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|Title:||Status of care for end stage kidney disease in countries and regions worldwide: international cross sectional survey.|
|Authors:||Bello, Aminu K;Levin, Adeera;Lunney, Meaghan;Osman, Mohamed A;Ye, Feng;Ashuntantang, Gloria E;Bellorin-Font, Ezequiel;Benghanem Gharbi, Mohammed;Davison, Sara N;Ghnaimat, Mohammad;Harden, Paul;Htay, Htay;Jha, Vivekanand;Kalantar-Zadeh, Kamyar;Kerr, Peter G;Klarenbach, Scott;Kovesdy, Csaba P;Luyckx, Valerie A;Neuen, Brendon L;O'Donoghue, Donal;Ossareh, Shahrzad;Perl, Jeffrey;Rashid, Harun Ur;Rondeau, Eric;See, Emily J;Saad, Syed;Sola, Laura;Tchokhonelidze, Irma;Tesar, Vladimir;Tungsanga, Kriang;Turan Kazancioglu, Rumeyza;Wang, Angela Yee-Moon;Wiebe, Natasha;Yang, Chih-Wei;Zemchenkov, Alexander;Zhao, Ming-Hui;Jager, Kitty J;Caskey, Fergus;Perkovic, Vlado;Jindal, Kailash K;Okpechi, Ikechi G;Tonelli, Marcello;Feehally, John;Harris, David C;Johnson, David W|
|Affiliation:||Division of Nephrology and Immunology, Department of Medicine, University of Alberta, Edmonton, AB T6B 2B7, Canada.|
University of Leicester, Leicester, UK
Richard Bright Renal Unit, Southmead Hospital, North Bristol NHS Trust, Bristol, UK
Division of Nephrology, Bezmialem Vakif University, Istanbul, Turkey
University of Manchester, Manchester, UK
Oxford Kidney Unit, Oxford University Hospitals NHS Foundation Trust, Oxford, UK
Pan-American Health Organization/World Health Organization's Collaborating Centre in Prevention and Control of Chronic Kidney Disease, University of Calgary, Calgary, AB, Canada
Sorbonne Université, Paris, France
Manipal Academy of Higher Education (MAHE), Manipal, Karnataka, India
Division of Nephrology, Department of Medicine, University of Toronto, Toronto, ON, Canada
Peking-Tsinghua Center for Life Sciences, Beijing, China
Department of Nephrology and Dialysis, Pavlov First Saint Petersburg State Medical University, Saint Petersburg, Russia
Department of Community Health Sciences, University of Calgary, Calgary, AB, Canada
Division of Nephrology, Department of Medicine, University of British Columbia, Vancouver, BC, Canada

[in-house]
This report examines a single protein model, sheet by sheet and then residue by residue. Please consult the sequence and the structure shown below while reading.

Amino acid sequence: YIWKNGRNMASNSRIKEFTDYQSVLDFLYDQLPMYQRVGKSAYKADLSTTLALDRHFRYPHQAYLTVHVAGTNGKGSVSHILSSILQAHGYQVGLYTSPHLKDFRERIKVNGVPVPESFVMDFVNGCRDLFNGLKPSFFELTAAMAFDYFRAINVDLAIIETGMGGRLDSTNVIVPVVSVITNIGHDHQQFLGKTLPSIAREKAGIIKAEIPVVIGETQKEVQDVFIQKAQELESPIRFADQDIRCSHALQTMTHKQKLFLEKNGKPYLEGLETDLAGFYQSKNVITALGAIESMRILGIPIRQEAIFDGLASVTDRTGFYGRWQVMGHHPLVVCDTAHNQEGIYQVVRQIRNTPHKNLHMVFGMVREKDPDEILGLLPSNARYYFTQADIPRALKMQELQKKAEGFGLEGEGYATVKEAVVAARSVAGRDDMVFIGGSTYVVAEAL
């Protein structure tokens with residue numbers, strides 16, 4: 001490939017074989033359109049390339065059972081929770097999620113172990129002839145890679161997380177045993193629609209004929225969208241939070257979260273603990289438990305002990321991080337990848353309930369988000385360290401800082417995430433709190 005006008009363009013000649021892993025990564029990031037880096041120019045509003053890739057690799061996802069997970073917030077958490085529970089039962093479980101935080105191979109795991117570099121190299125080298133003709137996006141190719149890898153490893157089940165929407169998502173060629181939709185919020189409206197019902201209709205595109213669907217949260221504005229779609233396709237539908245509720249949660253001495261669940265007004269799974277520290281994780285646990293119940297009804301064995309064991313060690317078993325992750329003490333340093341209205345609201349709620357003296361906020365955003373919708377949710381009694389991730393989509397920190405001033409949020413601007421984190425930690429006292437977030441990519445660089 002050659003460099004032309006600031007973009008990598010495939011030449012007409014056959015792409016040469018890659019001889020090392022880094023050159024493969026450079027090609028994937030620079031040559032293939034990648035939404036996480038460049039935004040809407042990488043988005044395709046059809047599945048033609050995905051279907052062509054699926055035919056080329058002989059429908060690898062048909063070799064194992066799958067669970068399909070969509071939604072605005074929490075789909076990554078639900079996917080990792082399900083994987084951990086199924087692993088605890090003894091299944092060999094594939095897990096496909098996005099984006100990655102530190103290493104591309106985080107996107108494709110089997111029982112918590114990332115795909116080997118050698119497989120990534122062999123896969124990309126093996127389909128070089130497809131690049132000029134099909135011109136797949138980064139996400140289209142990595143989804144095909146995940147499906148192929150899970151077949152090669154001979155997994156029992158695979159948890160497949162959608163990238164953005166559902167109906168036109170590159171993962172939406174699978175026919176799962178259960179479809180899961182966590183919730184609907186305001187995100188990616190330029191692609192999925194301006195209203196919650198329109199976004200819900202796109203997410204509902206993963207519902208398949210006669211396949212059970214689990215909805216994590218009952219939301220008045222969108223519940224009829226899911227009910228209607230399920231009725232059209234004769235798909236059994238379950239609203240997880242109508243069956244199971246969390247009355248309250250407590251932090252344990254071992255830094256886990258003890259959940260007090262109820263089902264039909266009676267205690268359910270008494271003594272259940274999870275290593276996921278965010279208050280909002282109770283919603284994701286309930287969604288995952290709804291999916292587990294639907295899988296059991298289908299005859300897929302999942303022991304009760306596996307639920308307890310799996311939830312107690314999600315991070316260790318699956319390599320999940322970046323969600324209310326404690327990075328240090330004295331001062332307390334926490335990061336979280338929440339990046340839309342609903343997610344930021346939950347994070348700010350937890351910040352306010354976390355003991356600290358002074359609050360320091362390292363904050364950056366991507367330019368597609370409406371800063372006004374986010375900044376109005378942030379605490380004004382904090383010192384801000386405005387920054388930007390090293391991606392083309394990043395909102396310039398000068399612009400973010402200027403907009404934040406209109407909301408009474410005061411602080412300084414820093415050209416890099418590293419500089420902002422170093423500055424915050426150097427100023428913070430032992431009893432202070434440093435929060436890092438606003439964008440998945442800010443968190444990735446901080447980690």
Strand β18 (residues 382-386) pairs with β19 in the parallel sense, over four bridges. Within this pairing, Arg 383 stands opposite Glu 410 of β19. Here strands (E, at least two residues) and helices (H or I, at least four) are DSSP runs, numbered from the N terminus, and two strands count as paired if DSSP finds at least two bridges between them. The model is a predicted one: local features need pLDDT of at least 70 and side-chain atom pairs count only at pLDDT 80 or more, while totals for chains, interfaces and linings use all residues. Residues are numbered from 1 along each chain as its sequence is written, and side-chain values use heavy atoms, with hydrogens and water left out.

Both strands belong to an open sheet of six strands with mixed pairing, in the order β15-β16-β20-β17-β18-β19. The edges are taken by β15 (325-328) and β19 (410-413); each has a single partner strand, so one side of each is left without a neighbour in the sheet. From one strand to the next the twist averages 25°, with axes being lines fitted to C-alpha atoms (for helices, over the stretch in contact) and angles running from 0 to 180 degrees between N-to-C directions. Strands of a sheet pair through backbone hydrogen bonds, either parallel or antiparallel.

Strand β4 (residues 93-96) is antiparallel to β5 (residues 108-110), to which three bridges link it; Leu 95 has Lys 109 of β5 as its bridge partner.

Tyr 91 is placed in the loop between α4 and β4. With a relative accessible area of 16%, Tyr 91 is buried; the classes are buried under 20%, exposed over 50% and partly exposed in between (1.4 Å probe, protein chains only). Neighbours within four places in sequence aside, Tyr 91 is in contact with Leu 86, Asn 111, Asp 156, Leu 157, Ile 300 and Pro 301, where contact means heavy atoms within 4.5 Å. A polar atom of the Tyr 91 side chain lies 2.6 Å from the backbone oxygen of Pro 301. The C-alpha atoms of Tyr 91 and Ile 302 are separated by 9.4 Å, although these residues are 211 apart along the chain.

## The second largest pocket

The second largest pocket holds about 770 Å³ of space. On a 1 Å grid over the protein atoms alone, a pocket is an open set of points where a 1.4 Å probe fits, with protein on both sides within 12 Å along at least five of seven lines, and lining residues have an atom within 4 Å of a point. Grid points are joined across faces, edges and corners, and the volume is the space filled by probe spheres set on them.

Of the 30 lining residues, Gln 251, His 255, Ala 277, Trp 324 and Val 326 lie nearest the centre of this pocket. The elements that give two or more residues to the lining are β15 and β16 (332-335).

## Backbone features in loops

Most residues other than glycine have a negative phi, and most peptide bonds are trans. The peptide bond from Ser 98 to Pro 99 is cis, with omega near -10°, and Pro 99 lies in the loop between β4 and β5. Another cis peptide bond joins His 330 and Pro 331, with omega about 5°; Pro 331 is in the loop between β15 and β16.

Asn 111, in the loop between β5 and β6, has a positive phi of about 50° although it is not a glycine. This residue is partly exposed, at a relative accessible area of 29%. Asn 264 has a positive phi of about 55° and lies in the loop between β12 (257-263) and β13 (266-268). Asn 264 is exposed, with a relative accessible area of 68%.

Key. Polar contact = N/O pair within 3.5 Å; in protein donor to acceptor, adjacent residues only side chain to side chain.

Division of Nephology and Hypertension, Department of Medicine, Saint Louis University, Saint Louis, MO, USA
Renal Division, Brigham and Women's Hospital, Harvard Medical School, Boston, MA, USA
Memphis VA Medical Center, Memphis, TN, USA
UCLA Fielding School of Public Health in Irvine and Los Angeles, CA, USA
Department of Internal Disease and Nephrology, North-Western State Medical University named after I I Mechnikov, Saint Petersburg, Russia
Kidney Research Center, Department of Nephrology, Chang Gung Memorial Hospital, Linkou, Taiwan
College of Medicine, Chang Gung University, Taoyuan, Taiwan..
Centre for Kidney Disease Research, University of Queensland, Brisbane, QLD, Australia
Translational Research Institute, Brisbane, QLD, Australia
Metro South and Ipswich Nephrology and Transplant Services, Princess Alexandra Hospital, Brisbane, QLD, Australia
Centre for Transplantation and Renal Research, Westmead Institute for Medical Research, University of Sydney, Sydney, NSW, Australia
George Institute for Global Health, University of New South Wales Sydney, Sydney, NSW, Australia
Department of Intensive Care, Austin Health, Heidelberg, Victoria, Australia
School of Medicine, University of Melbourne, Melbourne, VIC, Australia
George Institute for Global Health, Newtown, NSW, Australia
Department of Nephrology, Monash Medical Centre, Monash Health, Clayton, VIC, Australia
Department of Medicine, Monash University, Clayton, VIC, Australia
Department of Medicine, University of Calgary, Calgary, AB, Canada
Division of Nephrology and Hypertension, University of Cape Town, Cape Town, South Africa
Population Health Sciences, University of Bristol, Bristol, UK
Renal Division, Department of Medicine, Peking University First Hospital, Beijing, China
Key Lab of Renal Disease, Ministry of Health of China, Beijing, China
Key Lab of Chronic Kidney Disease Prevention and Treatment, Ministry of Education of China; Beijing, China
Department of Medicine, Faculty of Medicine, King Chulalongkorn Memorial Hospital, Chulalongkorn University, Bangkok, Thailand
Bhumirajanagarindra Kidney Institute, Bangkok, Thailand..
Intensive Care Nephrology and Transplantation Department, Hopital Tenon, Assistance Publique-Hopitaux de Paris, Paris, France